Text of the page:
The respondent is a 26-year-old man from Morocco. He was pushed back from North Macedonia to Greece on the 10th of May 2021. The respondent was traveling together with six other men from Morocco and one pregnant woman. They were between 22 and 30 years old.
When the transit group arrived in Ohrid, they were approached by two men in uniform driving a car which, according to the respondent, resembled a police car. The respondent suggested that a resident called the police after seeing them.
When asked to describe what the men’s uniforms and their vehicle, the respondent said they were wearing black pants and blue shirts, and driving a blue van with the police insignia on it and a metal cell inside.
The respondent reported that the group was then taken in the blue van to what was described as a police station nearby the point of apprehension. According to the respondent, he and the four other men from the group were taken first, and then officers later returned to take the pregnant woman and her husband.
The drive lasted approximately 15 minutes, during which the officers were alternating between extreme car temperatures, said the respondent.
Once they arrived at the Ohrid building referred to as a police station by the respondent, an officer reportedly punched one of the people apprehended in the stomach.
With the information that the respondent gave, is it likely that this is the location of the police station: https://goo.gl/maps/kwmuaR8t4PFJyKSK6 . However, it must be noted that this location has not been independently verified.
The respondent recalled being given food and water outside the station while waiting for the pregnant woman and her husband to be brought by the officers.
Once they arrived, the entire group was brought inside the station, where they were each interviewed, their personal information was taken, and they were questioned about how they crossed the borders, explained the respondent.
They remained at the station for approximately one and a half hours.
According to the respondent, five officers were present during this time; two of them were wearing uniforms while the others were wearing civilian clothing.
The respondent also described someone in civilian clothes using a camera that he presumed was a journalist.
Then, the same two officers who had apprehended the group, loaded the five men (including the respondent) into the same blue van and drove them for approximately two hours, to what the respondent described as “a checkpoint”. The respondent recalled that this checkpoint was close to a railway and a petrol station.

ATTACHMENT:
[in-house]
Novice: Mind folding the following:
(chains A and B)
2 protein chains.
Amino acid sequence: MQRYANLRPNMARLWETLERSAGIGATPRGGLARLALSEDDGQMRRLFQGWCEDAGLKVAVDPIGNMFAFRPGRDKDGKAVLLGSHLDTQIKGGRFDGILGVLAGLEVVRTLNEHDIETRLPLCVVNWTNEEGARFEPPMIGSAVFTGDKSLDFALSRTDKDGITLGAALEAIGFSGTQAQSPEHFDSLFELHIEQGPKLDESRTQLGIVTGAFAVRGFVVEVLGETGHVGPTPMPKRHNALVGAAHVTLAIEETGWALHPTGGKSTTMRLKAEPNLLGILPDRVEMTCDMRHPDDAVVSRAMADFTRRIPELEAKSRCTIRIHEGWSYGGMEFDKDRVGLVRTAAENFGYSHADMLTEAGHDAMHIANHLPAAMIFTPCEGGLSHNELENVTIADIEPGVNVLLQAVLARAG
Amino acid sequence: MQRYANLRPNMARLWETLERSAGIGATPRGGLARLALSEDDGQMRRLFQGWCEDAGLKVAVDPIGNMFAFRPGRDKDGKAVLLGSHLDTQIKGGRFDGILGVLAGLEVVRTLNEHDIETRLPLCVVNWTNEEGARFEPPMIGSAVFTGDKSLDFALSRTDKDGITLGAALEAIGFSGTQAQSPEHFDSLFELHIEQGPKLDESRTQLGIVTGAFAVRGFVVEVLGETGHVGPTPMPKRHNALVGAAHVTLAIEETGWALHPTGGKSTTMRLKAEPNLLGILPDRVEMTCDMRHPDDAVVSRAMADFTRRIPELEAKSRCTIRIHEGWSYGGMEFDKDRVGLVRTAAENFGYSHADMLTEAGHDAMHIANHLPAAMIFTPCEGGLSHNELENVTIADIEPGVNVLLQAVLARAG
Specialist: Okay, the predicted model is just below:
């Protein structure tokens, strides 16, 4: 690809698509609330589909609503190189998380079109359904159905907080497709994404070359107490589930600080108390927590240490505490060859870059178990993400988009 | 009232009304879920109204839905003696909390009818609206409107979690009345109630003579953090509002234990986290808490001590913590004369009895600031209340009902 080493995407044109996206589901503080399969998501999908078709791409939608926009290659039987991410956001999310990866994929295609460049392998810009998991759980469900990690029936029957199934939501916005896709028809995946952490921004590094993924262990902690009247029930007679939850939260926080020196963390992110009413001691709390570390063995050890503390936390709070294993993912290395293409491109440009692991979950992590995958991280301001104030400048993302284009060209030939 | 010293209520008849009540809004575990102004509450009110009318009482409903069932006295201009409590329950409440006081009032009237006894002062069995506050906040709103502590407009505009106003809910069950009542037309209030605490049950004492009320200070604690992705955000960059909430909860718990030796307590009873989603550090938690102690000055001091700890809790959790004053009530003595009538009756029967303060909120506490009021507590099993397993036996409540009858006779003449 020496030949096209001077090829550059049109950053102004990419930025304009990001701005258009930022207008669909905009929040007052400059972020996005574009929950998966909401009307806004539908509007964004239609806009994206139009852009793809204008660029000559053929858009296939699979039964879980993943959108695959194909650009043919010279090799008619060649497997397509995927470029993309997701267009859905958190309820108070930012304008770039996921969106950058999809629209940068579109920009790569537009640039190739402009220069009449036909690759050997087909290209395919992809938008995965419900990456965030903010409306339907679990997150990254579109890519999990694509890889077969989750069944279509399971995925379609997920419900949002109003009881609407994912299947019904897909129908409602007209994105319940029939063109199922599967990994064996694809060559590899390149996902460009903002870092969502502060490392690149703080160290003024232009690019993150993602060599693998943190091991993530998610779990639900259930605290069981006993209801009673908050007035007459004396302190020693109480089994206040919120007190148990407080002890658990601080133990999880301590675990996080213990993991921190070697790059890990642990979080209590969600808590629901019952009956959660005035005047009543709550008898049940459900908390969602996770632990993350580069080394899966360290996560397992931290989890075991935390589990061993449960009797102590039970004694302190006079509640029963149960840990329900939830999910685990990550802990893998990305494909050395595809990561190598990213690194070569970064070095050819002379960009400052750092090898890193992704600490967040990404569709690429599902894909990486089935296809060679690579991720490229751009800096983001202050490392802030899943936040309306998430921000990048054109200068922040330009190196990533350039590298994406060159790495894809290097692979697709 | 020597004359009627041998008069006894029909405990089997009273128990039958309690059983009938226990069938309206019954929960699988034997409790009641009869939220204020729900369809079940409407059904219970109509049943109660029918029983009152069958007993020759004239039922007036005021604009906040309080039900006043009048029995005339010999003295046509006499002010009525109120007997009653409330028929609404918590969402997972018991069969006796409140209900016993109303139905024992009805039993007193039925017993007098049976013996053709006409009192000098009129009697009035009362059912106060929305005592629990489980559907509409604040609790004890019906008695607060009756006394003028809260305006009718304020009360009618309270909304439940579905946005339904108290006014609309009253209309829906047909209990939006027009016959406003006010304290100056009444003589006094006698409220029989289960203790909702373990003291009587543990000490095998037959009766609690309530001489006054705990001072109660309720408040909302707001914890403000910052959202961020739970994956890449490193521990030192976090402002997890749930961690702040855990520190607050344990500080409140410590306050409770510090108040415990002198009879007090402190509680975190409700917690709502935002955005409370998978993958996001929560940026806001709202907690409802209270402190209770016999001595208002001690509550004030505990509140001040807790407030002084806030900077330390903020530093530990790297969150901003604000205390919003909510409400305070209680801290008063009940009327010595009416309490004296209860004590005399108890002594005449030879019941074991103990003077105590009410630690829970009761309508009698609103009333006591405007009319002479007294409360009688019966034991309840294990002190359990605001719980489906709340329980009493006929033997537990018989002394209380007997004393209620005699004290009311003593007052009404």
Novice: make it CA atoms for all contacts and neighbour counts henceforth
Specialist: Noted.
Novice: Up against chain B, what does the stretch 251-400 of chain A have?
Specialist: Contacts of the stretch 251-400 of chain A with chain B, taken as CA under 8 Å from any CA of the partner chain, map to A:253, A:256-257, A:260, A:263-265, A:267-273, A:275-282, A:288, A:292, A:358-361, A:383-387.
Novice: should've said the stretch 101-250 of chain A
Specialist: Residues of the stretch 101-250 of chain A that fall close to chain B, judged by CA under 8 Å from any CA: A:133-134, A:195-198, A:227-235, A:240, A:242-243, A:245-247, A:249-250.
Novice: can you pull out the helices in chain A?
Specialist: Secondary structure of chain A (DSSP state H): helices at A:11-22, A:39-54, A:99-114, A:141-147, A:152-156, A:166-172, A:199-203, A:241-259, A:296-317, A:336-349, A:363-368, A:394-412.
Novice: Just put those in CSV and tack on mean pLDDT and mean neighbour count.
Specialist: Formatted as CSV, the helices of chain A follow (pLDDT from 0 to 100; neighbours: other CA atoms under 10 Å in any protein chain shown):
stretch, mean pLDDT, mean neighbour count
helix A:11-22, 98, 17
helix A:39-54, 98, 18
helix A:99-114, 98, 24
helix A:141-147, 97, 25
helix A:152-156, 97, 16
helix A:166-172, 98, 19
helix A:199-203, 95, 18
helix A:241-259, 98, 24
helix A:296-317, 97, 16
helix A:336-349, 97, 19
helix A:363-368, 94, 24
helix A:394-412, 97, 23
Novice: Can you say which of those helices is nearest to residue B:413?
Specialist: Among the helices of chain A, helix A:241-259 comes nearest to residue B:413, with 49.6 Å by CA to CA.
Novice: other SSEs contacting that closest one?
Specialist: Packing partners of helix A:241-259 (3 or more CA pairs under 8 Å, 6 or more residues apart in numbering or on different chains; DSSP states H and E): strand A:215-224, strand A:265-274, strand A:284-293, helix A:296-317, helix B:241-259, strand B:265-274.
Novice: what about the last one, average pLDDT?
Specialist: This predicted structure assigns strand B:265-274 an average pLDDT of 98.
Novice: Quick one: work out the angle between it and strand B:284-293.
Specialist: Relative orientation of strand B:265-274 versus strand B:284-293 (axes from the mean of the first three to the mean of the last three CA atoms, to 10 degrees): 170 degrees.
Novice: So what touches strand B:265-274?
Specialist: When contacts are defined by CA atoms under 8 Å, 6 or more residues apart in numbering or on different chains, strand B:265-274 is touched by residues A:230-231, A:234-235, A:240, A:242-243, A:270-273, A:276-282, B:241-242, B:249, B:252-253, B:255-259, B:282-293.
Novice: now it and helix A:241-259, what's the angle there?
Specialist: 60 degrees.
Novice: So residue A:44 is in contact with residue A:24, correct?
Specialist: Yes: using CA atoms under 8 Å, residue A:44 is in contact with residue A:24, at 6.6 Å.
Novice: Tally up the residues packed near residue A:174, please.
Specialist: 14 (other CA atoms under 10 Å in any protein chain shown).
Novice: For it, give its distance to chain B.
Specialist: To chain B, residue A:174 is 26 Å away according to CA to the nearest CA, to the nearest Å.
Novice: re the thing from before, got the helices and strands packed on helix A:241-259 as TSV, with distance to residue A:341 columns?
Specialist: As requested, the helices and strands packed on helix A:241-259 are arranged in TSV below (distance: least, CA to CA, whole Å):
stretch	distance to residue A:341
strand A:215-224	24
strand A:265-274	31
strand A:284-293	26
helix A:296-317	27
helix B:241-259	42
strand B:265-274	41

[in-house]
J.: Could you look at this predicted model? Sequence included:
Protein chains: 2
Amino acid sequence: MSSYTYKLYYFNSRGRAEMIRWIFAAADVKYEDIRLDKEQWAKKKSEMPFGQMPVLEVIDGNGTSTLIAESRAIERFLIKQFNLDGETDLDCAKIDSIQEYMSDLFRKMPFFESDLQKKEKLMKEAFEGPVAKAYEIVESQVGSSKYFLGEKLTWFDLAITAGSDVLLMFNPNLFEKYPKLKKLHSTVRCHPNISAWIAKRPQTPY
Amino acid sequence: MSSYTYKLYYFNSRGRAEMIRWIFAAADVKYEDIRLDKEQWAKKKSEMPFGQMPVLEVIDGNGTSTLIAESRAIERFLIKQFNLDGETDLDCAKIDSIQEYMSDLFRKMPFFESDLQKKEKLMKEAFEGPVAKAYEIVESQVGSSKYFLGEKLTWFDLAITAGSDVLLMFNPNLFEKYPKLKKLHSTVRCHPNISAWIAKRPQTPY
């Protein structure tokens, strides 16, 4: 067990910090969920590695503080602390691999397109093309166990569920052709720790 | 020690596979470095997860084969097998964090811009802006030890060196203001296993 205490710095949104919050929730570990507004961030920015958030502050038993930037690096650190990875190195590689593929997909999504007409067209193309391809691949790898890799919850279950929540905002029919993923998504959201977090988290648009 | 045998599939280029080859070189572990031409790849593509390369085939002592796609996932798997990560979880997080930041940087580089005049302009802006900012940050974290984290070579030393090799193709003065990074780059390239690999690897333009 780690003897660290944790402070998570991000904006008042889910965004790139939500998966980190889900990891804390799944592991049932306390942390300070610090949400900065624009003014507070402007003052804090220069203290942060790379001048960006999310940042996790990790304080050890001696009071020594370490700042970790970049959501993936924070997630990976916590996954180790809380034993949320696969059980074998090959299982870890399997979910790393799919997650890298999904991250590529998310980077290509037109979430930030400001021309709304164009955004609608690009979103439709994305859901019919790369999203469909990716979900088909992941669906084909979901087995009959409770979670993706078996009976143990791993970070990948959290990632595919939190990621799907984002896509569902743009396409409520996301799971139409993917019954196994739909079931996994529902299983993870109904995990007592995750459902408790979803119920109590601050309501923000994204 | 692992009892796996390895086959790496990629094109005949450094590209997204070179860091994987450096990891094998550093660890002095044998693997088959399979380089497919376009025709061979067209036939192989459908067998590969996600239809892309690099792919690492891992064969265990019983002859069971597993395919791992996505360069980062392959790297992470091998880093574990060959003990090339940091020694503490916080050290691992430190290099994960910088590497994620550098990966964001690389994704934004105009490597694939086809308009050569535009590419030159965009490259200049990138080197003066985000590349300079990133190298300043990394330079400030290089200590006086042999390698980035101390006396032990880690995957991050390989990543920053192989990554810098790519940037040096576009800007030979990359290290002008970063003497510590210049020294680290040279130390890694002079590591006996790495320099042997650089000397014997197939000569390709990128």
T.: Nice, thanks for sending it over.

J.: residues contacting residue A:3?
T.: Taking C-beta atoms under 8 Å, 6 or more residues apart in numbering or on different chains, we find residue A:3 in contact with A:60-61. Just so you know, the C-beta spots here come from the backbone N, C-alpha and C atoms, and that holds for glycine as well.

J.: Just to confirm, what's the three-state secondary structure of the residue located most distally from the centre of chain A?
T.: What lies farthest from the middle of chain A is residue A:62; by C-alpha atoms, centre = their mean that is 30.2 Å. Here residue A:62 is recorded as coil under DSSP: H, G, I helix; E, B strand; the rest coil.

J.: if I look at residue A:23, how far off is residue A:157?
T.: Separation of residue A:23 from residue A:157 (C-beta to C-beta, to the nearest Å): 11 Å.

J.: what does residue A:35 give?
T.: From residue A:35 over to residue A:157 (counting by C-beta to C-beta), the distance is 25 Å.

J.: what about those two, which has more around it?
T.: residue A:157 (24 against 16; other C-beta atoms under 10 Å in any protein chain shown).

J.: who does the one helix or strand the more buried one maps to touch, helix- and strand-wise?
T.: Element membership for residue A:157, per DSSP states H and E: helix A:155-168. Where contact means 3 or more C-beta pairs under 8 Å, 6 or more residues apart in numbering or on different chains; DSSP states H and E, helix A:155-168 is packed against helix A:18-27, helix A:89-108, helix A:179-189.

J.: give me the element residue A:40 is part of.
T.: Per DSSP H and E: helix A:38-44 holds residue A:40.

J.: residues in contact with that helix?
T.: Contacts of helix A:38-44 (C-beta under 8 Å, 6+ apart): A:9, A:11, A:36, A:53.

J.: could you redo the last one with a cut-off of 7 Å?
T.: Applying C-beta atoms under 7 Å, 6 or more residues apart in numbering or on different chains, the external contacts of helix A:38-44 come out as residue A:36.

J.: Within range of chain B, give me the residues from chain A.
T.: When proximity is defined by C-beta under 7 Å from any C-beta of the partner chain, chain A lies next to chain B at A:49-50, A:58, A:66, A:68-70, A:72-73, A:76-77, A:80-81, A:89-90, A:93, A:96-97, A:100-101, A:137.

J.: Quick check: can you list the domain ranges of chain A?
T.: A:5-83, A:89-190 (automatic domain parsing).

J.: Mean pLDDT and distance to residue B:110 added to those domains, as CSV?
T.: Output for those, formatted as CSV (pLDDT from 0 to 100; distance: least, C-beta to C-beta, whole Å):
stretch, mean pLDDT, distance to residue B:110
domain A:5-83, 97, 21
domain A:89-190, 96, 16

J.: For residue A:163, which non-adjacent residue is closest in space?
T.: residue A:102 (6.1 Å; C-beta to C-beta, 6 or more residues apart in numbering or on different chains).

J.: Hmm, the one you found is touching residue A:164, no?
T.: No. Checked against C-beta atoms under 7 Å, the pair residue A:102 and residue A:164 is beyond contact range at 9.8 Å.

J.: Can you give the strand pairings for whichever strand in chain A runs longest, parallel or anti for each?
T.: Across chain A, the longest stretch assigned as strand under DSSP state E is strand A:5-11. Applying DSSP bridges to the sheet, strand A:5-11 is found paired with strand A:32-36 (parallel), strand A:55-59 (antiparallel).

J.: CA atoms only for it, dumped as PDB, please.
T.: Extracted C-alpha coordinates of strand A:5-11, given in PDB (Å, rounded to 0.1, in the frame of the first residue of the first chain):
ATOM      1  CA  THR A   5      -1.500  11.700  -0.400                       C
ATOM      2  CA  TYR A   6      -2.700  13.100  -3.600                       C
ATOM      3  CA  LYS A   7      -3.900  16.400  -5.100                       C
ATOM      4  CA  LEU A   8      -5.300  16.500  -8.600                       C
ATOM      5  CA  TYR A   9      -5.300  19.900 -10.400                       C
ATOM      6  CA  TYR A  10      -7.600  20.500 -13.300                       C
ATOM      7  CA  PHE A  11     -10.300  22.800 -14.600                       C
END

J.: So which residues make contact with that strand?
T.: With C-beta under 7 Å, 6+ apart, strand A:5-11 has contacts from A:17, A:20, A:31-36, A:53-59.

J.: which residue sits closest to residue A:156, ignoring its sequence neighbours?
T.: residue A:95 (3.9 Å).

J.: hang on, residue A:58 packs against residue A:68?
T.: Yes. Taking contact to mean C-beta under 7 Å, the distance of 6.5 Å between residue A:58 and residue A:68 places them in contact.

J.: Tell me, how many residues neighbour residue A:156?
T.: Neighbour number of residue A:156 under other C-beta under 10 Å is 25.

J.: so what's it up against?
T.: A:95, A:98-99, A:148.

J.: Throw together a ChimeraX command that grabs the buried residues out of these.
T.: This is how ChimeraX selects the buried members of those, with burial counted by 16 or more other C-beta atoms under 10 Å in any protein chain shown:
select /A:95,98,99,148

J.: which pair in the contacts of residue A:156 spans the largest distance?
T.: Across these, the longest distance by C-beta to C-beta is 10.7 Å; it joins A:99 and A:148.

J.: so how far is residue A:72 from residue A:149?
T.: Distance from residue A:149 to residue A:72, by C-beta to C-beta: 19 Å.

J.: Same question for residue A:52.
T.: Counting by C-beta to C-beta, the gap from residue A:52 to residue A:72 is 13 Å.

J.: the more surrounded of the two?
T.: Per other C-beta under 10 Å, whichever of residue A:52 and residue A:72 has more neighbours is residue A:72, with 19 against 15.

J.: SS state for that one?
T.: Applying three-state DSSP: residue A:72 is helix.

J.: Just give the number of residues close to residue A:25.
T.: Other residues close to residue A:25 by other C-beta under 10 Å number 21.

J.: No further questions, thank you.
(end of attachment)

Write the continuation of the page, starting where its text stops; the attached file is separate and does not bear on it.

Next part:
The officers brought the couple afterward, the same way they had previously done.
Once they were at this “checkpoint”, the respondent described having their fingerprints and pictures taken.
According to the respondent, an Arabic-speaking woman in civilian clothing offered them to be returned to Morocco if thats what they wanted. It is unclear to the respondent whether the woman was working for state authorities or for another organisation. The group stayed at this location for about 20 to 30 minutes.
The respondent recalled that he noticed a group of people from Pakistan present at the checkpoint, who were brought back to the border before the transit group. Moreover, as the respondent was leaving, there was another group arriving at the checkpoint.
After a 10 to 15 minute drive, the respondent was reportedly taken to a gate at the border, along with the four other Moroccan men. The woman and her husband were at this point separated from the group, and were not brought to the border with them.
According to the respondent, he and the other four men were pushed back somewhere between 20:00 and 21:00. While walking through the gate, the officers were threatening them and telling them to not come back, recalled the respondent.
When asked if he was subject to any violence at this gate, the respondent stated:
“They beat you inside, because when they return you in this way you feel yourself hurt, especially when you go back to Greece it is very dangerous, Greece you think yourself like in Turkey. If you didn’t get away from Greece you will come back to the first point.”
From there, recounted the respondent, the transit group followed the tracks and boarded a train to Thessaloniki the next day.